Due to Rome’s vast size and the nature of the tourist attractions' distance from one another, you can easily explore Rome and see most of the things of interest in a few days. However, this will probably feel quite rushed, particularly when you consider the excellent day trips outside of central Rome that are on offer to visitors. Even spending a week in the city will leave you with plenty to do, so how long you choose to stay here is a purely personal choice. Ensuring that you come up with an itinerary and stick to it is key to having a fulfilling and propitious trip.
How to travel to Rome with your pet?
For some people, a family holiday isn’t complete without the company of their beloved pet so going away without them just isn’t an option. If you’re looking to take your pet with you to Rome, you need to make sure you follow a few simple rules. Pets, whether they be dogs, cats or ferrets, must be issued with their own Pet Passport and be up to date with vaccinations, particularly for rabies. Rabies vaccinations should be administered at least 21 days before entering Italy and pets whose owners have failed to vaccinate them against rabies will not be allowed to enter the country. Pets should also be microchipped with the appropriate chip. With the correct paperwork, your pet should not need to stay in quarantine during your stay in Italy.
Family activities for teenagers, children, babies
When travelling with children, particularly younger children, it’s hard to find activities that engage both kids and adults. Not to be missed in Rome is the opportunity to make your own Roman Pizza, allowing children and adults alike to get stuck in and eat their handiwork afterwards. Rome is renowned for its luscious green spaces, with Villa Borghesa, the Roman equivalent of New York’s Central Park, playing host to a number of child-friendly attractions. Inside the park is Bioparco, Rome’s zoo, home to around 1300 animals of 200 different species. Also inside the park is the Giardino del Lago, where visitors can hire paddle boats. those with slightly darker ambitions, an intriguing visit to consider is a trip to Rome’s catacombs - full of skeletons and particularly spooky, the subterranean tunnels host thousands of buried Popes, Saints and martyrs, and consist of around 300km worth of burial grounds.
Rome: What budget to plan?
Rome, like most large cities, is quite expensive, so keeping an eye on your spending is key to sticking to an affordable budget. Planning ahead is recommended, particularly if your budget is tight. Italy is known for its incredibly versatile and delicious cuisine but tourist traps around sites are overpriced. Do your research before travelling to ensure that you get good quality food at a reasonable price. There are a number of passes available that you can purchase to cut the costs over the course of your trip – the Roma Pass is well priced at 38 euros and allows entry into two museums of your choice as well as the use of Rome’s public transport system. Admission to museums in Rome can be expensive so booking museums ahead of time and ensuring that you take advantage of free entry can be particularly advantageous. Taking the time to find local supermarkets to buy basics – water, bread, and cheese, for example - is a simple yet effective way of stretching your budget further. As tempting and practical as it may be to buy water from local vendors, such purchases are especially overpriced and damaging to more frugal budgets.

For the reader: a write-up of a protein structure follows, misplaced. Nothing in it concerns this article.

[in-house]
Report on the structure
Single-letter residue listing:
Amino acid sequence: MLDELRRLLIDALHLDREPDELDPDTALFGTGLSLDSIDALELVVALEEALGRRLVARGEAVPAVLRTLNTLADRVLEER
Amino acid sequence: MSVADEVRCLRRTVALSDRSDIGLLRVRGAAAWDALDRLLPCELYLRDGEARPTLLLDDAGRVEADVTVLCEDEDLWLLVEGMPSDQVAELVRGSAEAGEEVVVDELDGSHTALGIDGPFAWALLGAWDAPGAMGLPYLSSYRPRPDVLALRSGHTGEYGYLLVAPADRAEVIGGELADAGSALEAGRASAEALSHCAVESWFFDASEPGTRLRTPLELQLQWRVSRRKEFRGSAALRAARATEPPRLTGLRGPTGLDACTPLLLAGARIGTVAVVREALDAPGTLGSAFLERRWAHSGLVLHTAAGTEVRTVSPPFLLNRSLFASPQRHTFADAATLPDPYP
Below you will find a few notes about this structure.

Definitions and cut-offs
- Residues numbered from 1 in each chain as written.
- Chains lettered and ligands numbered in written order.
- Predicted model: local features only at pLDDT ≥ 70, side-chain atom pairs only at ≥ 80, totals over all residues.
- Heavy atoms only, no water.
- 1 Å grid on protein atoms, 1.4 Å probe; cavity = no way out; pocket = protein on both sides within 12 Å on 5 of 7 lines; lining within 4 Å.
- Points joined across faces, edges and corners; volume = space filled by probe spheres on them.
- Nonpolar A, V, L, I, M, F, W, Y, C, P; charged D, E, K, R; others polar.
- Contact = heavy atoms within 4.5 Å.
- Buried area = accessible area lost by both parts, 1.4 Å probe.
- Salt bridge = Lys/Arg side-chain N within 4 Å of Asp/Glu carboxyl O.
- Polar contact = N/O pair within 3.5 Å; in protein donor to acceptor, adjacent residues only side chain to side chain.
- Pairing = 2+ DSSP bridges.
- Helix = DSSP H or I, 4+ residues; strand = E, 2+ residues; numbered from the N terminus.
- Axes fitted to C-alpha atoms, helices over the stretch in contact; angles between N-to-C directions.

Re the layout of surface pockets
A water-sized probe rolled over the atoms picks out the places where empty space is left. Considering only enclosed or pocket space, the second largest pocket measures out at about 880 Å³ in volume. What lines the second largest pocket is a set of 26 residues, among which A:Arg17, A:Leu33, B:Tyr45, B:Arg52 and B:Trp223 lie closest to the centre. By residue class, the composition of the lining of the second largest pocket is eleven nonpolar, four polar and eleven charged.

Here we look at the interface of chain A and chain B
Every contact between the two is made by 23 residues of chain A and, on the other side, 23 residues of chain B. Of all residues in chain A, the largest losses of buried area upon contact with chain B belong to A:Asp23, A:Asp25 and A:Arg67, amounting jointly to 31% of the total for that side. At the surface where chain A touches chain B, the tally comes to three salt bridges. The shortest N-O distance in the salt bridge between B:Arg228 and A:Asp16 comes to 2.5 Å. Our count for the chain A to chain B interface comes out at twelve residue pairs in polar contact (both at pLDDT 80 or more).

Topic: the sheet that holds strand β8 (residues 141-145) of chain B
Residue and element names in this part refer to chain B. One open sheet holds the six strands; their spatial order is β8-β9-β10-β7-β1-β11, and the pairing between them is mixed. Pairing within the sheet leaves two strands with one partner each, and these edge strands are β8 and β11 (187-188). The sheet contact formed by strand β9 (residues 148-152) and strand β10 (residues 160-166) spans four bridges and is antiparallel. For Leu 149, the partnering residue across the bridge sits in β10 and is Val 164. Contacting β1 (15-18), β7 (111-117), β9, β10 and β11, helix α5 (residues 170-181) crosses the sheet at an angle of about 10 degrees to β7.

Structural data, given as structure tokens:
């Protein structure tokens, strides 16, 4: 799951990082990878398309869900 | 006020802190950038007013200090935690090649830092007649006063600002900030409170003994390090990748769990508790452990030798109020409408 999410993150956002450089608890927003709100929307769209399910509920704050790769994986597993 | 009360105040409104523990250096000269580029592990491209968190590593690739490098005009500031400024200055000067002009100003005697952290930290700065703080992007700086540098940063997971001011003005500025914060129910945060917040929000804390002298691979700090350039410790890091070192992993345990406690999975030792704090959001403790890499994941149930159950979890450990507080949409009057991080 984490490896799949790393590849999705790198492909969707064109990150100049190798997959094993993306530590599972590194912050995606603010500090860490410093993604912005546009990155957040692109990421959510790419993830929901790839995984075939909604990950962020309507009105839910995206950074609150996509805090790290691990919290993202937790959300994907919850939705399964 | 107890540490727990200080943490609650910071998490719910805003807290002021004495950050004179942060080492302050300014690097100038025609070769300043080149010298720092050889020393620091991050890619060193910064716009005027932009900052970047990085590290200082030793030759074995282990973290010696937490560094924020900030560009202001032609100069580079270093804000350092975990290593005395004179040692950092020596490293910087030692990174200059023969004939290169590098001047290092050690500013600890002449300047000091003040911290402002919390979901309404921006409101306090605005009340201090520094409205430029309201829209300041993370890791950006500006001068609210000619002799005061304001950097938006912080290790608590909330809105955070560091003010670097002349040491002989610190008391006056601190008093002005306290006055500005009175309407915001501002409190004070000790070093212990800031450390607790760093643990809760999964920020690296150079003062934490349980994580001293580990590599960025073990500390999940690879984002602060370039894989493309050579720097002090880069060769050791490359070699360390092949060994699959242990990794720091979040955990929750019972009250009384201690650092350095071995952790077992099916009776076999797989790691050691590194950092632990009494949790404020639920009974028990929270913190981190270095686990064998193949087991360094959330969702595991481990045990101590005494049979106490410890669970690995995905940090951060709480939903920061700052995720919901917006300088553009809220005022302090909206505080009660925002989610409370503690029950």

Ancient Rome was built upon seven hills, five of which are still a part of modern Rome and home to some popular tourist attractions. Although it might not be obvious, the city hall is located on Capitoline Hill, which stood tall and resisted capture in 390BC. It wasn't only this elevated location that ensured the survival of the city, but its immediate access to the River Tiber as well. Once a life source for Roman citizens, it now boasts a great deal of natural beauty in the midst of a bustling capital. As the longest river in Italy, it’s worth stopping to admire the twinkling city lights on its surface. For a more dramatic escape from towering buildings, the botanical gardens offer an impressive selection of local and exotic fauna and flora. But it seems that no city is really complete without its resident cats and, in the midst of crumbling ruins, you can watch these felines bask in the sun by the Colosseum or in the open air Torre Argentina Sanctuary.
Some final top tips for visiting Rome
1. Romans are relaxed in their outlook on life and try not to take themselves too seriously.
2. Fashion is particularly important to Italians.
3. Rome uses 2-pin European plug sockets, so make sure you pack the correct adaptor!